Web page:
Nicola Morgan

Author, Speaker, Supporter

Understanding and Supporting Your Teenagers – few spaces left and I’m not doing it again!

Questions about anxiety #9: How can I tell when anxiety is an illness or not?

This is an incredibly important question. Possibly the most important question that No Worries tries to address. I’m answering it here as succinctly as I can, after one of you asked it when I put out the call for questions about anxiety.

Bethan asked:

“How can you tell that you have anxiety and aren’t just feeling anxious like a “normal” person?”

It’s incredibly common these days to hear someone say one of the following or something similar:

  • I suffer from anxiety
  • I have anxiety
  • I have a problem with anxiety
  • My anxiety levels are very high just now
  • I can’t do X because of my anxiety

Or they might say it about someone else.

Everyone experiences anxiety sometimes

Everyone. If someone didn’t, they wouldn’t be able to react appropriately and safely if they found themselves in a dangerous situation. They wouldn’t be able to summon the extra energy to win a race or pull off their best performance in a test, audition or match. They would drift about never achieving anything or getting themselves out of danger. Even those who seem very laidback must get anxious before scary or worrying things.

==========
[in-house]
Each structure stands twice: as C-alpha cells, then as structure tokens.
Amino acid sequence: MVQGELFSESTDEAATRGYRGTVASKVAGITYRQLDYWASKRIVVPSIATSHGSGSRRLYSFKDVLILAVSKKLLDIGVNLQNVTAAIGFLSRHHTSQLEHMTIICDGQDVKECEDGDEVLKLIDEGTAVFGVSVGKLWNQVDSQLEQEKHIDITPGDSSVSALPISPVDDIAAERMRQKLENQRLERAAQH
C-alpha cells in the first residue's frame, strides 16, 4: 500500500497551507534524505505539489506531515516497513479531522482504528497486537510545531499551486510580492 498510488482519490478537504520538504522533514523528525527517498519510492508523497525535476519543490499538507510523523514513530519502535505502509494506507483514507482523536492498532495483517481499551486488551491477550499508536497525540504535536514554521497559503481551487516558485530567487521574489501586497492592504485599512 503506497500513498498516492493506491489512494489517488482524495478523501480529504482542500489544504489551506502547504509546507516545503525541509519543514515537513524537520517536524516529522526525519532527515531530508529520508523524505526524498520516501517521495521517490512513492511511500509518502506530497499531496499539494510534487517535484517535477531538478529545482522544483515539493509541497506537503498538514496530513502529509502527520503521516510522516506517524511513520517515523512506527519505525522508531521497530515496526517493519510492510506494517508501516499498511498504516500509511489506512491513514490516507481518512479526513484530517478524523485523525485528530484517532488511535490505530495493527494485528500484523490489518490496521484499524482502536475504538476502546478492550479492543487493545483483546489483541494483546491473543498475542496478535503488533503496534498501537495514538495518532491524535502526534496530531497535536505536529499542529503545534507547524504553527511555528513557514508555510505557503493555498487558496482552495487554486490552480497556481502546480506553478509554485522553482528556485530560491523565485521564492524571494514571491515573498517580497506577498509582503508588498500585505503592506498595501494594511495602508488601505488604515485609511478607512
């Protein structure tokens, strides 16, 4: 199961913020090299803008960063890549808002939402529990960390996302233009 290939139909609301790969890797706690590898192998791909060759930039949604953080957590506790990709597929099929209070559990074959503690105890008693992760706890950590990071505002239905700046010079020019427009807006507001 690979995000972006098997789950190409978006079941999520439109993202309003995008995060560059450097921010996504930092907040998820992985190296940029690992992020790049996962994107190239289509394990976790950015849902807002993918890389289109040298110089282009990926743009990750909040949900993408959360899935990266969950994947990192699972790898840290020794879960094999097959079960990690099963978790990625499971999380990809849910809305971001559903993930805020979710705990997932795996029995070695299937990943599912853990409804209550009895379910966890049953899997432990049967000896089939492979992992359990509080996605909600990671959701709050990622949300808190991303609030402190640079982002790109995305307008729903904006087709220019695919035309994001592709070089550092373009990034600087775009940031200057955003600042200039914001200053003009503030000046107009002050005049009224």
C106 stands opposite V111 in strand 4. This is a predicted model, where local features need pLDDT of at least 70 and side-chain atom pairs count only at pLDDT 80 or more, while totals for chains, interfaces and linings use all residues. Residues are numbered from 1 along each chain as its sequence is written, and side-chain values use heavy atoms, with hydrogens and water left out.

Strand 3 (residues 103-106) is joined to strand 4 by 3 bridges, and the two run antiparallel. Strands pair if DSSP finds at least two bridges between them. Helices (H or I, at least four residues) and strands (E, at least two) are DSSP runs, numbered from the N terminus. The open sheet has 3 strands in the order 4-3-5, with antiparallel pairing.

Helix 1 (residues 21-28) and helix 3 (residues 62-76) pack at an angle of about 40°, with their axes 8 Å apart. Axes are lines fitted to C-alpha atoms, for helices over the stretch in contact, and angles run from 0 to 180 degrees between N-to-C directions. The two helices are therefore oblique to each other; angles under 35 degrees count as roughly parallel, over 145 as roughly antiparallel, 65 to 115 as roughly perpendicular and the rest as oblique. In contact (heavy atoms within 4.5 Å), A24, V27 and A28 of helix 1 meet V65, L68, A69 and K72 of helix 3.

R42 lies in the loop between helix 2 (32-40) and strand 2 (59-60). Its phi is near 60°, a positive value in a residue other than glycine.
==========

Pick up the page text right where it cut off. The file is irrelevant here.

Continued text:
Anxiety is the superpower (I’ll talk about this in more detail when I come to a question posed by Nathan in the comments here) that allowed me to jump an immense gate when chased by a goose.

I think this is what Bethan meant when she said “feeling anxious like a normal person”. Because feeling anxious is normal, healthy, natural and completely fine. It’s not a nice feeling, obviously, and we might want to avoid it. But avoiding it is not the answer. Learning to be in control of it is the answer.

Learning to be in control of it is the answer

This is the clue to how we tell when we “have anxiety”, “suffer anxiety” or when anxiety has become a problem: it’s when we can’t be in control of it.

Caution: in one sense we are never in control of anxiety. This is because anxiety will come upon us without us asking and will do so based on external factors (such as seeing a huge spider, an exam coming up, or a threat appearing from another human) and internal factors (such as our personality, existing fears, emotional state) which simply exist whether we like them or not.

So, do not judge or measure your anxiety by its arrival but by what you do with it next.